Literally, where is your money on the bet if the next recession is garden style or a catastrophic failure/recession? My son tells me that “Situation X Behavior = Results”. I ask in this context, are we experiencing late cycle conditions or late cycle behavior?

What am I observing and/or concerned about:

  • I am all in on the benefit of the shadow banking system of the new alternative lenders. What has me worried are the small community banks beating the alternative lenders at price and proceeds. And they are qualified how?
  • There is a TON of capital in the system. I dig liquidity, especially with balanced fundamentals in most of our markets. However, are we climbing too high on the stack? Is the capital posting at unusually higher capital risk levels? Is it as simple as recognizing the risk of late cycle investing in the longest boom in history? Is risk being mispriced?
  • I cheer every day for inflation (for our Real Estate Industry); historic low unemployment globally means wage growth which means more consumer spending which drives a healthy economy and more inflation. More inflation means more rental growth which means increasing asset values.
  • Millennials are the largest demographic and have the biggest propensity to rent. See above on Multi-family; still a value and growth sector.
  • Is there anyone qualified left to hire? If not, where are companies putting money into training for existing associates to move up the chain of authority and future associates to be hired.
  • Feels like loan opportunities on the cusp – ready for prime time 6-9 months out in the future are being brought in for financing today. A leading indicator that borrowers think the end is near?

It continues to be a great time to be in our business. Innovation, liquidity, deal flow all on the rise. There seems to be more money than good deals in the debt space.  Is your discipline for a deal ‘strike zone’ a fixed principal or merely a suggestion of an idea?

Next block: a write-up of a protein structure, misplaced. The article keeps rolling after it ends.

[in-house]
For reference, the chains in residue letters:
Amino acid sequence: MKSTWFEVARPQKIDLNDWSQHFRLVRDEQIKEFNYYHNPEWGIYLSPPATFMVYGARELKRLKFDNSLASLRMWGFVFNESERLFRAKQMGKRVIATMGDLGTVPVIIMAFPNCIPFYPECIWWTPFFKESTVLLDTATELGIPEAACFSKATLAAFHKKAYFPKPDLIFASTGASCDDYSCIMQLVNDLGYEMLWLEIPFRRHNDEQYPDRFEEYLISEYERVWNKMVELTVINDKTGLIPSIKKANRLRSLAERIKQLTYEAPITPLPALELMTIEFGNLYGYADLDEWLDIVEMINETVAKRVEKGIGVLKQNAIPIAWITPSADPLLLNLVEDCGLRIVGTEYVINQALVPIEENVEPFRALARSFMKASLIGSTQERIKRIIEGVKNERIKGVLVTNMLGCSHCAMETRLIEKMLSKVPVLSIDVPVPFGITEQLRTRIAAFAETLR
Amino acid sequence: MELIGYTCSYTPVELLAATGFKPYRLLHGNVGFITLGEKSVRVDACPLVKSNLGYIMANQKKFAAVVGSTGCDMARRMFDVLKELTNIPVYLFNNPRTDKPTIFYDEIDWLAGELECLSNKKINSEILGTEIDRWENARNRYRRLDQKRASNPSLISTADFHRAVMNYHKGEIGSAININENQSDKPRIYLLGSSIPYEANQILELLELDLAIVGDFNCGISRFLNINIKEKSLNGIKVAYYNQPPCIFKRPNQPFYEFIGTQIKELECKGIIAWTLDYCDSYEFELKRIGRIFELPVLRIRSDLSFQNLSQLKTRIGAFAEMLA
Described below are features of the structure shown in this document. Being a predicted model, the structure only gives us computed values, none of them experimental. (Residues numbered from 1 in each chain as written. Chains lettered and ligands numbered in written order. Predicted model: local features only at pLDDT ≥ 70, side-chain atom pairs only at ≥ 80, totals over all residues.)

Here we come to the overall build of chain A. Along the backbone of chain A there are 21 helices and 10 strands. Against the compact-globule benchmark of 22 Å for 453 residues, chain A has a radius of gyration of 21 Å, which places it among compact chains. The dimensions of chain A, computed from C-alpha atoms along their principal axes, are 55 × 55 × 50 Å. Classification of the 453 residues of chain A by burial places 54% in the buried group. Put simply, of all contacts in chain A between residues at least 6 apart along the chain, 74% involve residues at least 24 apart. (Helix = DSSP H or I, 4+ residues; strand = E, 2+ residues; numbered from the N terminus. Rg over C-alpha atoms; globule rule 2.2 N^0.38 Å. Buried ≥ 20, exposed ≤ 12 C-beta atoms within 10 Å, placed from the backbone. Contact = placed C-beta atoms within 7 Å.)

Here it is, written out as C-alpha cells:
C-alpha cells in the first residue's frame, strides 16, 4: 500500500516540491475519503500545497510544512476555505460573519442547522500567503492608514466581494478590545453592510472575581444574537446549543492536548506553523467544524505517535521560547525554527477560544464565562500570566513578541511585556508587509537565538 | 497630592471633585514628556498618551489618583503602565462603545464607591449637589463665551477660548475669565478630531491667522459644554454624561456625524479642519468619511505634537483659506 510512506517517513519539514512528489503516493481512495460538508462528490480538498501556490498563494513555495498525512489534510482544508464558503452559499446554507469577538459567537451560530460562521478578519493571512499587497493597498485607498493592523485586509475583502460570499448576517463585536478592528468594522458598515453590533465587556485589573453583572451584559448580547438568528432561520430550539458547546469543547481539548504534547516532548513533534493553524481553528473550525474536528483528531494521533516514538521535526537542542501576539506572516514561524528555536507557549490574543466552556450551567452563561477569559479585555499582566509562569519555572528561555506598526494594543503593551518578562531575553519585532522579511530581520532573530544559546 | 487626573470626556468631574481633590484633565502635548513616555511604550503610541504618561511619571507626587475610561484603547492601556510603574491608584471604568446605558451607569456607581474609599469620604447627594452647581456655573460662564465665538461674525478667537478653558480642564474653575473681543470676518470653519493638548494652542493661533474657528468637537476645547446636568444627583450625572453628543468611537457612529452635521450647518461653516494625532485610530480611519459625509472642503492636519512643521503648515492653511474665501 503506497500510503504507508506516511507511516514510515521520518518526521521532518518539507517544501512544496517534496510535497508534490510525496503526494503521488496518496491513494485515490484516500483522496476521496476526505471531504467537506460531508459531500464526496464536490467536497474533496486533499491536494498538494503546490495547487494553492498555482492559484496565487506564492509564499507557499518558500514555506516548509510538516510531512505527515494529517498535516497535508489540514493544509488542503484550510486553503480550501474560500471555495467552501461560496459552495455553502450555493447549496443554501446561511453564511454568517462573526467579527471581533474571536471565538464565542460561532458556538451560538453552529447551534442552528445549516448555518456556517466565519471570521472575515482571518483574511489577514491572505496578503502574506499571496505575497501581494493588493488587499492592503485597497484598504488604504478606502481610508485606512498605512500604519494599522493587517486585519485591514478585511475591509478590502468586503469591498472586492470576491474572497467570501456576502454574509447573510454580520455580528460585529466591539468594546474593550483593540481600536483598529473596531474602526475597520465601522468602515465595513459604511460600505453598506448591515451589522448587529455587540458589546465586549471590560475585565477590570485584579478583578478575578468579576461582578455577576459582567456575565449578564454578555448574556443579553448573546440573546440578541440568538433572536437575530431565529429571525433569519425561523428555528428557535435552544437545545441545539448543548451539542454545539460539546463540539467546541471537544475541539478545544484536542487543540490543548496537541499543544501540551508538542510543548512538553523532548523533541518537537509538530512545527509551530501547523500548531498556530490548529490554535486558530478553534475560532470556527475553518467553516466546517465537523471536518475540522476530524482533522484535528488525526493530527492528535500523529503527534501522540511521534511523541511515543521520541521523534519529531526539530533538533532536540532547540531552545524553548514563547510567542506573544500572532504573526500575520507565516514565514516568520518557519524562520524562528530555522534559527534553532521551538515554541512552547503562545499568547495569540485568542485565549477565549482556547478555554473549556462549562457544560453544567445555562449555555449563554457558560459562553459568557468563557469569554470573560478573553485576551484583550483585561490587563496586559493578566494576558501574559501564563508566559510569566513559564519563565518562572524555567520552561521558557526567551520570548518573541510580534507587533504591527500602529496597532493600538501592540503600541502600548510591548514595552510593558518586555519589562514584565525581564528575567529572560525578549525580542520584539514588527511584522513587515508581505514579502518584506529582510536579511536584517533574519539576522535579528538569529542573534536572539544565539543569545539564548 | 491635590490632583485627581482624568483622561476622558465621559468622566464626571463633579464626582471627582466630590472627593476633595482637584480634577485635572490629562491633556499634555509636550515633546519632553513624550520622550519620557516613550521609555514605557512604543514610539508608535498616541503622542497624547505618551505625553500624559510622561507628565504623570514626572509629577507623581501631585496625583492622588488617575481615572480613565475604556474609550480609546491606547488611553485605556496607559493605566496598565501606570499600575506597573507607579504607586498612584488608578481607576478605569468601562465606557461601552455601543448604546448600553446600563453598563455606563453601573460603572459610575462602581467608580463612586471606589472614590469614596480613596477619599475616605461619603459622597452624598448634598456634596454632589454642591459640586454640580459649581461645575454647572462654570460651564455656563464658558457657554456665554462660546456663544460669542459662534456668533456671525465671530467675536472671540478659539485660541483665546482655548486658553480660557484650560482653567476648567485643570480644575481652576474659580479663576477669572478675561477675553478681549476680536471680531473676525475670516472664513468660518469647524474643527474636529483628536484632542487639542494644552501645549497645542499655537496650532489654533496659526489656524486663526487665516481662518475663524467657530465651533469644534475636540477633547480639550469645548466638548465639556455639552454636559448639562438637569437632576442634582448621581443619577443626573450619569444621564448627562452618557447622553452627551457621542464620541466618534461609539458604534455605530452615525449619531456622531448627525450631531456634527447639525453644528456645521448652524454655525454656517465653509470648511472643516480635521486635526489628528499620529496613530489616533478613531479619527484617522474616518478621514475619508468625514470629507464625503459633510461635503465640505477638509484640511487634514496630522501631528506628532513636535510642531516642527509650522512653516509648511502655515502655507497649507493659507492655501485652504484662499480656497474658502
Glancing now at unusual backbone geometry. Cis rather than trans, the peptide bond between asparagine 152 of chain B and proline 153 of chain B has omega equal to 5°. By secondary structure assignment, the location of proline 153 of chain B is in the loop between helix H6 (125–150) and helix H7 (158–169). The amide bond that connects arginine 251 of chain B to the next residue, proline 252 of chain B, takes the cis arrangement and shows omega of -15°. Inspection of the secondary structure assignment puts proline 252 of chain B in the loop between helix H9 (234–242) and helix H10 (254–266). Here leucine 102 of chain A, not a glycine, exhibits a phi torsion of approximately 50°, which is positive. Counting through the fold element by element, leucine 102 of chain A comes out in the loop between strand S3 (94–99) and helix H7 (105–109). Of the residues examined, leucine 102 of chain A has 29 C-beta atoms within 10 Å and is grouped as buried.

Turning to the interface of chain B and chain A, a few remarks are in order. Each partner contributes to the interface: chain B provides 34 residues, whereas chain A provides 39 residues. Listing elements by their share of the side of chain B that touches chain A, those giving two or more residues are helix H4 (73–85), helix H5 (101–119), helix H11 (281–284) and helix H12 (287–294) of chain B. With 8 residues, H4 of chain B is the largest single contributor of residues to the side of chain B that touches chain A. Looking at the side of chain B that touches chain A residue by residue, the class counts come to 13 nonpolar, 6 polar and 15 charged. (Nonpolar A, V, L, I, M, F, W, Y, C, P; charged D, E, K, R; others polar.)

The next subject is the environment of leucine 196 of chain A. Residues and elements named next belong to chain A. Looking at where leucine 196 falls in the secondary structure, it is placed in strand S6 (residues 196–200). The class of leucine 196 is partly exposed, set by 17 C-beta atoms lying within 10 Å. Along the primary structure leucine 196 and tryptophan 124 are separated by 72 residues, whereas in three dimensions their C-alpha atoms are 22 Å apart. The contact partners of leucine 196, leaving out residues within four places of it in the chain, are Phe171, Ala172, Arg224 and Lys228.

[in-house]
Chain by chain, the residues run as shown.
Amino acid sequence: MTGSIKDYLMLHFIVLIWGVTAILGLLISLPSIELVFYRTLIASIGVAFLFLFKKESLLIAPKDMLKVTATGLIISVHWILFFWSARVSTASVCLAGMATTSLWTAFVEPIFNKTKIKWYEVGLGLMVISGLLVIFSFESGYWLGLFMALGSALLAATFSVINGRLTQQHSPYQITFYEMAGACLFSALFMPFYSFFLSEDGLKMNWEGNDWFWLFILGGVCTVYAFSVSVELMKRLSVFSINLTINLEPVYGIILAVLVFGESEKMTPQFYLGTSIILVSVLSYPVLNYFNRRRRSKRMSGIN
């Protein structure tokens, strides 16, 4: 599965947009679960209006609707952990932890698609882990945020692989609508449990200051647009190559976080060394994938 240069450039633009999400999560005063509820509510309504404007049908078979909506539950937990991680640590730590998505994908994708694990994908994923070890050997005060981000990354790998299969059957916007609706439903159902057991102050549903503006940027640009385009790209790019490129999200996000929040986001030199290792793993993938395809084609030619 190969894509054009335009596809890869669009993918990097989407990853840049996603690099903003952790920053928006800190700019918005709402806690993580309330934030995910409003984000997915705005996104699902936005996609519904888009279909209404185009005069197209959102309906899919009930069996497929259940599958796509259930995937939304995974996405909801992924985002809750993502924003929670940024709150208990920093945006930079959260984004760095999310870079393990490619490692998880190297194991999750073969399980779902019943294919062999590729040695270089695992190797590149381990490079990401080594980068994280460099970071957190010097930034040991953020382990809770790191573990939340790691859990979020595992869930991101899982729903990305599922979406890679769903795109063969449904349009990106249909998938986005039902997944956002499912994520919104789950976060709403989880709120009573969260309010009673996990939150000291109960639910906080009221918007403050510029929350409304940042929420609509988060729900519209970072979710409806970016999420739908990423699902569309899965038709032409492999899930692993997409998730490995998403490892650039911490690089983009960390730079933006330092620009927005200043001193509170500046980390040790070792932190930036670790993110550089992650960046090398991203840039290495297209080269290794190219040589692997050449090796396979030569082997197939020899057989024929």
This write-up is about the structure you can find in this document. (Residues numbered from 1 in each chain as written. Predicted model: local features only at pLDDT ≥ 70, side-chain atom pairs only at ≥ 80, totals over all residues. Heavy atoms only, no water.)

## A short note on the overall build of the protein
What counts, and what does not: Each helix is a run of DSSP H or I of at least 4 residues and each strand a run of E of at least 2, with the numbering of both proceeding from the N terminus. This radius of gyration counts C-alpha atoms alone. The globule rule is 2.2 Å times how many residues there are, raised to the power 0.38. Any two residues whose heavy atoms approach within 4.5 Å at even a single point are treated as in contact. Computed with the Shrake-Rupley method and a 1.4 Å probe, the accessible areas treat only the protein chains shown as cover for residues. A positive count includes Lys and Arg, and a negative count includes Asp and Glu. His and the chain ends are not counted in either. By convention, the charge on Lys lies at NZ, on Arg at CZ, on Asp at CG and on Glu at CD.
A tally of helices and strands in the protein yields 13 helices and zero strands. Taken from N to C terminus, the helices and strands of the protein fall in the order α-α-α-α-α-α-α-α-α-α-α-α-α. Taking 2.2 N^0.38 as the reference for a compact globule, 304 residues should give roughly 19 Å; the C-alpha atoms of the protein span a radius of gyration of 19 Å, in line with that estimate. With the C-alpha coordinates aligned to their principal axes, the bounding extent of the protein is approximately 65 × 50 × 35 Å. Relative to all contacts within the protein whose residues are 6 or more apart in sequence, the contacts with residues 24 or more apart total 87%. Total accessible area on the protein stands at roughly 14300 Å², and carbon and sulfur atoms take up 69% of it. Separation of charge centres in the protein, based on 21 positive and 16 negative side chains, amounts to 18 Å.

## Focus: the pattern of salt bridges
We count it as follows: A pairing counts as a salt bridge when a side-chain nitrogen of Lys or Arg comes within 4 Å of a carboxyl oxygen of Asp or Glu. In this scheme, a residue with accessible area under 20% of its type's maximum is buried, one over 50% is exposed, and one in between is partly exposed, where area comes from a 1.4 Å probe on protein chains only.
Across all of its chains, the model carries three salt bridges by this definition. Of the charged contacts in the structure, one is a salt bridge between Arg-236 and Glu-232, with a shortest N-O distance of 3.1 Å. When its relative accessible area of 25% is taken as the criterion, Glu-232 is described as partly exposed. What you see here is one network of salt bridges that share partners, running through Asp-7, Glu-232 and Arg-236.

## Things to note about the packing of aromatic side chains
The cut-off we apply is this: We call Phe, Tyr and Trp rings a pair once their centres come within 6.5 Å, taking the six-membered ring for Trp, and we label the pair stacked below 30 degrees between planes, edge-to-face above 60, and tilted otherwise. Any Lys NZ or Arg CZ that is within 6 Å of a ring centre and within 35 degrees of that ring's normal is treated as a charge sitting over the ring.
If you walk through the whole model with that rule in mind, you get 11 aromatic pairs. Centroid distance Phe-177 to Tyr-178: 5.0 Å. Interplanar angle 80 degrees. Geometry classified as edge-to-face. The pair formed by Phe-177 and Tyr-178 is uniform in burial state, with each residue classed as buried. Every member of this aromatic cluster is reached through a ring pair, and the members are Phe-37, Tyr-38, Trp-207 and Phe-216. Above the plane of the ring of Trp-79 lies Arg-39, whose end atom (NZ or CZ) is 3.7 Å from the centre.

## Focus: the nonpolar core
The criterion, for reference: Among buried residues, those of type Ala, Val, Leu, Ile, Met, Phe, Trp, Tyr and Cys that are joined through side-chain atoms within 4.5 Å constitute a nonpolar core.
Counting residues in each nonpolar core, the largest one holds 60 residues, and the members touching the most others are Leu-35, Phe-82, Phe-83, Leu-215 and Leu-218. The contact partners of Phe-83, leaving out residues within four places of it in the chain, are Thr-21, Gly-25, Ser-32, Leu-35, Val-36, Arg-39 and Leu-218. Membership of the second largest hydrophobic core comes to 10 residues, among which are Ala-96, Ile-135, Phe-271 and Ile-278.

For principles to be true, they need to cost something. If you stand for nothing you will fall for anything.

I’ll be back soon with comments before the Fourth of July. Promise.

Rick Jones Crunched Credit

It’s funny, Jack, just as folks say they hear me in my blog, I recognize you in JackChat.  That’s good.  Thank you, by the way, for your prescience.  Please give me a heads up as soon as you know exactly what’s going to happen next, because I’m really tired of my endless “who knew?” moments.

Notwithstanding vast seas of money sloshing around in the marketplace and the serial inanity of the small banks doing deals they really have no business ever thinking about, it just doesn’t feel like we’ve lost our minds circa 2006 yet.  I agree with you that when institutional lenders, whether they be of the prudentially regulated sort or alternate lending sort, are losing deals to sub-regional players, it’s fundamentally worrisome.  On the other hand, if half the small banks in the United States went castors up in the next recession and we all got to buy and securitized their inventory and we came into the next expansion with half our current inventory of delusional small banks, that wouldn’t be a terrible thing, now would it?